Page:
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By Joshua Gill
A Christian school defended its religious admissions policies after Democrats labeled it as a school that discriminates against LGBT students during Secretary of Education Betsy DeVos’ congressional hearing.
The Lighthouse Christian Academy of Bloomington, Ind. has been the center of the debate about school choice ever since Senate Democrats claimed that the school discriminated against LGBT students, according to an AP report. Democrats used the school as an example in their arguments against DeVos over whether or not religious schools like Lighthouse should receive money from government vouchers if they are perceived to have discriminatory policies.
Lighthouse’s admissions brochure lists several lifestyle behaviors they say are prohibited according to the Bible. The school reserves the right to deny admission to any student whose home life includes, among other things:
- Heterosexual activity outside of one man-one-woman marriage. For example, premarital sex, cohabitation, or adultery (John 8:1-11; I Corinthians 6:9-20; Hebrews 13:4);
- Homosexual or bisexual activity or any form of sexual immorality (Romans 1:21-27; I Corinthians 6:9-20);
- Practicing alternate gender identity or any other identity or behavior that violates God’s ordained distinctions between the two sexes, male and female (Genesis 1:26-27; Deuteronomy 22:5);
Lighthouse claims that they have never denied admission to a student based on sexual orientation, although they stand by their right to operate according to their policies.
Thirty states, including Indiana, use some form of tax funds for school choice programs. None of those states that use vouchers prohibit admissions policies that discriminate based on sexual orientation or gender identity, according to a study by Suzanne Eckes, a professor at Indiana University.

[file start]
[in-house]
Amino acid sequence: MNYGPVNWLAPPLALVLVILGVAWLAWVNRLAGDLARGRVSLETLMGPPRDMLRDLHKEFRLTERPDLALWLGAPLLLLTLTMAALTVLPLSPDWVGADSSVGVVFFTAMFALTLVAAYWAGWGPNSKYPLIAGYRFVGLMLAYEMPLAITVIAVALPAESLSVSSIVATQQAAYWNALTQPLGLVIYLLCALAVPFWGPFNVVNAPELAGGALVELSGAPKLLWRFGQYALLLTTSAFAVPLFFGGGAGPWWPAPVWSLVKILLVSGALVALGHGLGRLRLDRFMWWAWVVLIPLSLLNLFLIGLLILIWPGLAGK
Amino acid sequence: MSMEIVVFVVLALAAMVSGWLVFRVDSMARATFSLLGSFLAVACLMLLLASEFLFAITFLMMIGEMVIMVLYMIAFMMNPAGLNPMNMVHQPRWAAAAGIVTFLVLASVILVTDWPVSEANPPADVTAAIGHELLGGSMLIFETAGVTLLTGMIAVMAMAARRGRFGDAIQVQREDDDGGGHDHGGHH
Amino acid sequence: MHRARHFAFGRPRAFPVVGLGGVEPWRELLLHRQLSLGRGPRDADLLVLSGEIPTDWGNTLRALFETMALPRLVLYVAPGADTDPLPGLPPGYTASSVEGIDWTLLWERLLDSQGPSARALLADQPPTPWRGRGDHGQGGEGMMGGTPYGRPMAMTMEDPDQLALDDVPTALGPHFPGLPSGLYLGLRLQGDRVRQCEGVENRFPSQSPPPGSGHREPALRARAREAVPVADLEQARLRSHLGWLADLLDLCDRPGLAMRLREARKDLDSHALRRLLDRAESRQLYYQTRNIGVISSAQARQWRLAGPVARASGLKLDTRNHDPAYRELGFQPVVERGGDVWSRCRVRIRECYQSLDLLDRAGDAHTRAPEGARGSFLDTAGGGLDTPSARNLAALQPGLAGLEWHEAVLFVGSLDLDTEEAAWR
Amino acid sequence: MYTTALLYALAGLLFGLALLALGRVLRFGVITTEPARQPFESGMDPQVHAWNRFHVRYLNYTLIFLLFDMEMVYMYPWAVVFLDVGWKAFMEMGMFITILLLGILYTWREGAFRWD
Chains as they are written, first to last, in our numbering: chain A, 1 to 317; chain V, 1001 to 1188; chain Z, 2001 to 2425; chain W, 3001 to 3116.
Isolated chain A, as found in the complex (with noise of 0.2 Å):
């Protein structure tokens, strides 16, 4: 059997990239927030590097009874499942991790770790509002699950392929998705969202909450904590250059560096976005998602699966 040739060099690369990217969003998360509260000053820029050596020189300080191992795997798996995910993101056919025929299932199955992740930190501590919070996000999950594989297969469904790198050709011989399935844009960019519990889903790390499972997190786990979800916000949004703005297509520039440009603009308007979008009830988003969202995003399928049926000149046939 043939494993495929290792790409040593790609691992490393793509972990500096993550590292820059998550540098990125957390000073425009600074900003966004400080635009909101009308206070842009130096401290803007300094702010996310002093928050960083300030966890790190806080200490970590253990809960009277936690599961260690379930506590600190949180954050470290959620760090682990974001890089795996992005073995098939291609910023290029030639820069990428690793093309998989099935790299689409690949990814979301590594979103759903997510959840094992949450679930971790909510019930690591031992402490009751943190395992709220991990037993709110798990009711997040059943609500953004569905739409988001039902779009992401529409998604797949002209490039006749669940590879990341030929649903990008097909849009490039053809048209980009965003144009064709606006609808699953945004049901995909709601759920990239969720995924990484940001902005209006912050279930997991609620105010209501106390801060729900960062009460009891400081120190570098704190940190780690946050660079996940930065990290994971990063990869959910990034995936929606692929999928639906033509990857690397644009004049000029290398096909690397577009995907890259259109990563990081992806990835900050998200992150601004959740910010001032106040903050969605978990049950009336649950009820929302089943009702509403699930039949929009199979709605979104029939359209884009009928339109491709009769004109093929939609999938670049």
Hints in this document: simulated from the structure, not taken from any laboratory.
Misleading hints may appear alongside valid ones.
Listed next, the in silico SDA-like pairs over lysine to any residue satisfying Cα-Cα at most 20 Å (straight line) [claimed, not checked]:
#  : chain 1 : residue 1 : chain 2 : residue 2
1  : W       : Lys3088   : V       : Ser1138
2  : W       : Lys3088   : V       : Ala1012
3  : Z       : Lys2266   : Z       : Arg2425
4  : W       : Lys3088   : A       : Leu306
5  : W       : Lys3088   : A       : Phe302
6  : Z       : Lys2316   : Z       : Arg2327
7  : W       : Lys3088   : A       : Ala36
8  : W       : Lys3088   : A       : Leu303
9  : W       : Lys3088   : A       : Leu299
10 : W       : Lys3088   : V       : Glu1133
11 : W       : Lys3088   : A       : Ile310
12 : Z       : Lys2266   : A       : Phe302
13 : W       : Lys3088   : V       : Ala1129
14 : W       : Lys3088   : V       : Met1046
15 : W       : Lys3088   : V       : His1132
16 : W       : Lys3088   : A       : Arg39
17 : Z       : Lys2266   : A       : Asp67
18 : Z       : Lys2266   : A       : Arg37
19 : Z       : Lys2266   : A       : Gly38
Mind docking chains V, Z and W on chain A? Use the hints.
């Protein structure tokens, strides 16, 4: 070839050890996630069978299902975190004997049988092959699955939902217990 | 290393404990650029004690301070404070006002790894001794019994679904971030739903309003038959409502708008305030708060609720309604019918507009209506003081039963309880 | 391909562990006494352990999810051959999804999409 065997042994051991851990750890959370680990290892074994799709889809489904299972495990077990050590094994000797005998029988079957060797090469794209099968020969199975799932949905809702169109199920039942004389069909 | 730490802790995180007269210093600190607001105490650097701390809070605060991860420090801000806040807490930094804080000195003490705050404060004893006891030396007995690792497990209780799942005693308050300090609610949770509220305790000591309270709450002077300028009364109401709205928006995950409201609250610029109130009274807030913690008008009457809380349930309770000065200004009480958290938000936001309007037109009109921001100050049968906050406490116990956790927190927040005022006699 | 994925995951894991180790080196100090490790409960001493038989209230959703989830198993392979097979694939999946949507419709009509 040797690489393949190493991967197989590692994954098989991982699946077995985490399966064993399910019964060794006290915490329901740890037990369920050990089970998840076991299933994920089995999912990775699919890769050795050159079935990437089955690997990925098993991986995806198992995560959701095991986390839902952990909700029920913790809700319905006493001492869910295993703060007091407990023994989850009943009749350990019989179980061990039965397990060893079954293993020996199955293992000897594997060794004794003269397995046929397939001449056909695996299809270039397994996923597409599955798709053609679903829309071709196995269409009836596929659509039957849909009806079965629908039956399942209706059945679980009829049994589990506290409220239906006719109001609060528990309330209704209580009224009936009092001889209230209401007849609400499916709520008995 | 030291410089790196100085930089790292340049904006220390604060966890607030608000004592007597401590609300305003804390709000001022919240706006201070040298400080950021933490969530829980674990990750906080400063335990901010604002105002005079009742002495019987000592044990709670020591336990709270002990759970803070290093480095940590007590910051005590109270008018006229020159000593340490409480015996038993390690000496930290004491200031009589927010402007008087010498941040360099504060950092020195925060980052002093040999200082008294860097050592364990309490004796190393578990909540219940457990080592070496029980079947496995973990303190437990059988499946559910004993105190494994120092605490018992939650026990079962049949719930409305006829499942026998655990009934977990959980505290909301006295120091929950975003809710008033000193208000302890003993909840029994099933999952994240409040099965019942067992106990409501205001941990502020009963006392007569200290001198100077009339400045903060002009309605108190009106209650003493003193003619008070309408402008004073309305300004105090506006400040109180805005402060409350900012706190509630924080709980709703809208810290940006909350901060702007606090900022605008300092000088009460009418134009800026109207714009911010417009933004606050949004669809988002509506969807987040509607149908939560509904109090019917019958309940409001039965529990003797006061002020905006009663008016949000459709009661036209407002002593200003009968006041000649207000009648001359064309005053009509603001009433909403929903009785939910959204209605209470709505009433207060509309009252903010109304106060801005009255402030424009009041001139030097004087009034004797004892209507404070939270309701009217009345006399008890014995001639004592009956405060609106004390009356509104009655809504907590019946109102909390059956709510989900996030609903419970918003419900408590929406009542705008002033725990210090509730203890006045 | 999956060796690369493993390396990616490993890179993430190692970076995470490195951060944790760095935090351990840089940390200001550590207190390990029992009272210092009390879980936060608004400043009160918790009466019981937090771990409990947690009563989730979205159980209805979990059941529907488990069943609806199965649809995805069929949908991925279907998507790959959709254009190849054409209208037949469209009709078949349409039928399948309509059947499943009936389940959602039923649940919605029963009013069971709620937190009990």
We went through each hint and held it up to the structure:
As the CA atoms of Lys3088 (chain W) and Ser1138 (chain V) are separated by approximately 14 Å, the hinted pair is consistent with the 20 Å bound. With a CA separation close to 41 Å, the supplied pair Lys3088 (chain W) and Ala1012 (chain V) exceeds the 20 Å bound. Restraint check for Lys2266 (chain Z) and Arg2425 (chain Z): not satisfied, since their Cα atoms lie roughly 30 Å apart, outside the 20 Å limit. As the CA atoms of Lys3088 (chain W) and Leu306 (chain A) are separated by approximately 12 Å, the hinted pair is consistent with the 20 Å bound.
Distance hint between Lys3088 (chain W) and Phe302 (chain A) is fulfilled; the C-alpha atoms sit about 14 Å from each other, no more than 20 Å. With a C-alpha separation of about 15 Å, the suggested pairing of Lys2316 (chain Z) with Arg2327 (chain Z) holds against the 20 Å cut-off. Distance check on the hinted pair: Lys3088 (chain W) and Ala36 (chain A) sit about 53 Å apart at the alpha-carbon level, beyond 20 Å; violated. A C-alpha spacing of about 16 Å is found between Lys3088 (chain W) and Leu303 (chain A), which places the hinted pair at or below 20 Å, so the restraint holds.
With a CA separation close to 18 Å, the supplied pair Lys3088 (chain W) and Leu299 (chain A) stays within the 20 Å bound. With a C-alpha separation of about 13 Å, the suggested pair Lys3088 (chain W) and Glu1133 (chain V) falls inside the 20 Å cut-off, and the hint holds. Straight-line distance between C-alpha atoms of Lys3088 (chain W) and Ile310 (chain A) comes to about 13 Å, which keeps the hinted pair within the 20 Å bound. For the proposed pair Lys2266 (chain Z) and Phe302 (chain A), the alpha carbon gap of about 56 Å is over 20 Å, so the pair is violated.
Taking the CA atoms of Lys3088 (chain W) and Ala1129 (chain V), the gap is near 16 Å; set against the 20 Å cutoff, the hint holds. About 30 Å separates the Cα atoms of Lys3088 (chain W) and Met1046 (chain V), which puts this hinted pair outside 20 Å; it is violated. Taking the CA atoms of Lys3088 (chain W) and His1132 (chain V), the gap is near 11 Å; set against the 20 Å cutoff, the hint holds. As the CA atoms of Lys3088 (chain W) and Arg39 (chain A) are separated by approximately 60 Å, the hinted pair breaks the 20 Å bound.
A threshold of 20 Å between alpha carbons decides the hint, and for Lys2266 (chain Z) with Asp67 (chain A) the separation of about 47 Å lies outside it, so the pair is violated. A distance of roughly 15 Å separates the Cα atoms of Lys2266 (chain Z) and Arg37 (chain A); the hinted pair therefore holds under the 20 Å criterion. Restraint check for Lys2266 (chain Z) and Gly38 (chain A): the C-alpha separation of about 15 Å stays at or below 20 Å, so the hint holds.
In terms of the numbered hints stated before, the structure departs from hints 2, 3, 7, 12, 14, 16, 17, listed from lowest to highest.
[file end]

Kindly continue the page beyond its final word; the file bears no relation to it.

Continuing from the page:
Legal and policy experts across the country defended Lighthouse’s right to operate according to its stated religious beliefs, including the school’s attorney and spokesman Brian Bailey.
“Parents are free to choose which school best comports with their religious convictions,” Bailey said. “For a real choice and thus real liberty to exist, the government may not impose its own orthodoxy and homogenize all schools to conform to politically correct attitudes and ideologies.”
Eckes argued that schools that receive vouchers should not be allowed to have admissions policies like those of Lighthouse and cited the federal protections afforded to racial minorities, while Lily Eskelsen García, president of the National Education Association, said that private schools should not receive government funds at all on the basis that private schools can choose to deny admission to students.
Lindsey Burke, director of the Heritage Foundation’s education policy studies, said that Lighthouse’s policies have no parallel to racial discrimination.
“Racism was based on identity and skin color and had no reasonable basis,” Burke said. “This is about whether a student, a family is going to live out their communal beliefs of the school that they have chosen to attend. These are intentional communities that are built upon a moral code that they have decided on.”
As for the left’s claim that private schools are prohibited from discriminating based on sexual orientation, Dick Komer, senior attorney with Institute for Justice, said that simply isn’t the case.
“If the people who are grilling DeVos believe that sex includes sexual orientation and gender identity, then they should propose amendments to the statues that they have written and given her to enforce,” Komer said. “The Congress is supposed to write the law, the agency is supposed to administer what Congress has given them. And Congress hasn’t given it to them.”